Now, as we talk about the water flowing from the rock at Meribah, we have to admit: God didn't need Moses to strike the rock at all.
God being God, He could have just let water come flowing out of the rock. He didn't need to make a production of it. He didn't need to make a scene. He could have, in His goodness, heard His people grumbling, had compassion on them for their thirst, and sent water pouring out of that rock to satisfy them. Moses is completely unnecessary in this whole equation.
The question then arises: Was God just testing Moses, then? Was God just using this as an opportunity to see what Moses would do?
It's a troubling question, as it gets us into all kinds of sticky theology.
Does God give us completely unnecessary opportunities to fail? Does God set us up with the possibility to sin? Perhaps even more difficult - if God knows everything that's going to happen, if He can judge our hearts and know what we're going to do in any given situation, then did God want Moses to fail at Meribah? Was God conspiring to keep Moses out of the Promised Land?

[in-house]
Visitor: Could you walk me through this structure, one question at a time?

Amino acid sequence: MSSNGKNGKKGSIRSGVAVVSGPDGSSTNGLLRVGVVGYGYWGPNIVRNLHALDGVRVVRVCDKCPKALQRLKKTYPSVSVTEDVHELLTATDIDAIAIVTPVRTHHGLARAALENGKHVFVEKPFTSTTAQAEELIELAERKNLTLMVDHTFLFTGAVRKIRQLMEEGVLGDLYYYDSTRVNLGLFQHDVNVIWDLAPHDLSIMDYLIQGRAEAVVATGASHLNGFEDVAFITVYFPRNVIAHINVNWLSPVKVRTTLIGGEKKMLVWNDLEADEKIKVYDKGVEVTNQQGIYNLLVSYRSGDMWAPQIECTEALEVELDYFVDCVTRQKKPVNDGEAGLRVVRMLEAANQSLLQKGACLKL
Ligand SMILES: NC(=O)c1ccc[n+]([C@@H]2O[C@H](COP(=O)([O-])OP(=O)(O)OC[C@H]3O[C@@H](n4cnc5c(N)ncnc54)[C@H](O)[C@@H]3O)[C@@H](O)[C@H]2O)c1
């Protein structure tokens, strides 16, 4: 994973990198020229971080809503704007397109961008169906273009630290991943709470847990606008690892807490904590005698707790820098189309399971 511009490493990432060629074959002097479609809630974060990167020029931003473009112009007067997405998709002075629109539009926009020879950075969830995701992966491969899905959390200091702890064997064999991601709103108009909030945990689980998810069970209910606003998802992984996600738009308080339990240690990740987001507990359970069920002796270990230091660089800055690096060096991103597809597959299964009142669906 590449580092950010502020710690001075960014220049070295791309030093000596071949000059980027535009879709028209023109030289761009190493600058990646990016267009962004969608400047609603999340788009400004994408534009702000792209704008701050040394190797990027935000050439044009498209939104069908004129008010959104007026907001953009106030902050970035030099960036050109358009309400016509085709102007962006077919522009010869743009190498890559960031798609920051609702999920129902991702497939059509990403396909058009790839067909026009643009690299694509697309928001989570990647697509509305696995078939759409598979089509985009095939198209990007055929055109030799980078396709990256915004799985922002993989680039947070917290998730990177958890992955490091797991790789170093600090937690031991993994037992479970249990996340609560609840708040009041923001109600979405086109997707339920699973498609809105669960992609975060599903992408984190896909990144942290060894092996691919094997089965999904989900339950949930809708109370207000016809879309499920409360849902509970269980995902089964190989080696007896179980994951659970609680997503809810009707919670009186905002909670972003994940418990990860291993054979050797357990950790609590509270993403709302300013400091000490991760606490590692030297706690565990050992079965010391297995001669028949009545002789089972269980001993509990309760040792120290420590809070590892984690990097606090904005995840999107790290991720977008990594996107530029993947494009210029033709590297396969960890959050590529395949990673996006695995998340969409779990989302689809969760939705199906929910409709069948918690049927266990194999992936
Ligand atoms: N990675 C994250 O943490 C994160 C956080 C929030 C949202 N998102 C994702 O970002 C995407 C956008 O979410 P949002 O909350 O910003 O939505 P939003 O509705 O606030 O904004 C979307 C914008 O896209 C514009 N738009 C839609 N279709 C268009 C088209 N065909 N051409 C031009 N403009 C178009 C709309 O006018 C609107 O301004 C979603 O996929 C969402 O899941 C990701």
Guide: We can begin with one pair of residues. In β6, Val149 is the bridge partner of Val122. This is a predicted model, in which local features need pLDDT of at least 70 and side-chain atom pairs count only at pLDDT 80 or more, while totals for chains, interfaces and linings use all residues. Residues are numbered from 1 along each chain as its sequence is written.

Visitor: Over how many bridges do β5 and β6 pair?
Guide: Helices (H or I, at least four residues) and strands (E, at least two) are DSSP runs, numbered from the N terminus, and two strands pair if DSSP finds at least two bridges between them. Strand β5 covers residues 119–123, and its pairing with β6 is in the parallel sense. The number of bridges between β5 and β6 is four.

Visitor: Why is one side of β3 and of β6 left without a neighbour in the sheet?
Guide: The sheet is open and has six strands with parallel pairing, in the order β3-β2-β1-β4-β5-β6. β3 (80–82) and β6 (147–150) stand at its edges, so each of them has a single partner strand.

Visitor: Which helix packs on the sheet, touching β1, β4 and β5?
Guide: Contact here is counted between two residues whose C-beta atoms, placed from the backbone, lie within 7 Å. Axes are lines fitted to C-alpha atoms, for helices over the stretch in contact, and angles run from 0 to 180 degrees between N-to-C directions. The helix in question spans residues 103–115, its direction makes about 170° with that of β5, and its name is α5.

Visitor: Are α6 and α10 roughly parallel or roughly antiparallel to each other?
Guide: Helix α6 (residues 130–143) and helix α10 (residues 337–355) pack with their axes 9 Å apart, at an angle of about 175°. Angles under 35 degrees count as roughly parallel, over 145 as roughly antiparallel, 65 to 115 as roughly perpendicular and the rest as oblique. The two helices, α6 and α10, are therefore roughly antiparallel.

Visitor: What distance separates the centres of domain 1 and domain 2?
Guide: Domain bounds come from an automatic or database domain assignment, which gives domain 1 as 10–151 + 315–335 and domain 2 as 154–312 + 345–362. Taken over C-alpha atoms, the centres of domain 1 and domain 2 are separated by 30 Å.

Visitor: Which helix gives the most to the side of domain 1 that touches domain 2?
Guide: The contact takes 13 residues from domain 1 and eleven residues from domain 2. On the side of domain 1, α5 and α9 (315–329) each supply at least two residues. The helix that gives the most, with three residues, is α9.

Like I said, it gets us into all kinds of sticky theology.
And this sticky theology leads us into great difficulty as we try to live out our own faith. It's hard for us to trust a God who might be setting us up to fail. It's hard for us to put our hope in a God who leads a man all the way to the very edge of the Promised Land, just to keep him out of it. How can we do anything with confident assurance if we are not certain that it's not just some kind of cruel test that God has for us?
And how can we continue to love a God who we believe has, or even might, set us up to fail?
That's why it's so important to understand what really happened at Meribah. That's why we have to look closely at the story and figure out what's really going on here. It's why we have to take time to step away for just a second from the whole Moses angle and remember that no matter what Moses did and what happened next, God brought water out of that rock for the people.
God was true to His promises. God was faithful to His people. God was good, and as we wrestle with what that means in the example of Moses in this story, we cannot forget that. Rather, it has to be the truth that grounds all of our other inquiry.
In a story in which God is good, in which God shows Himself as good and affirms Himself as good, what are we supposed to make of Moses?
The answer, tomorrow.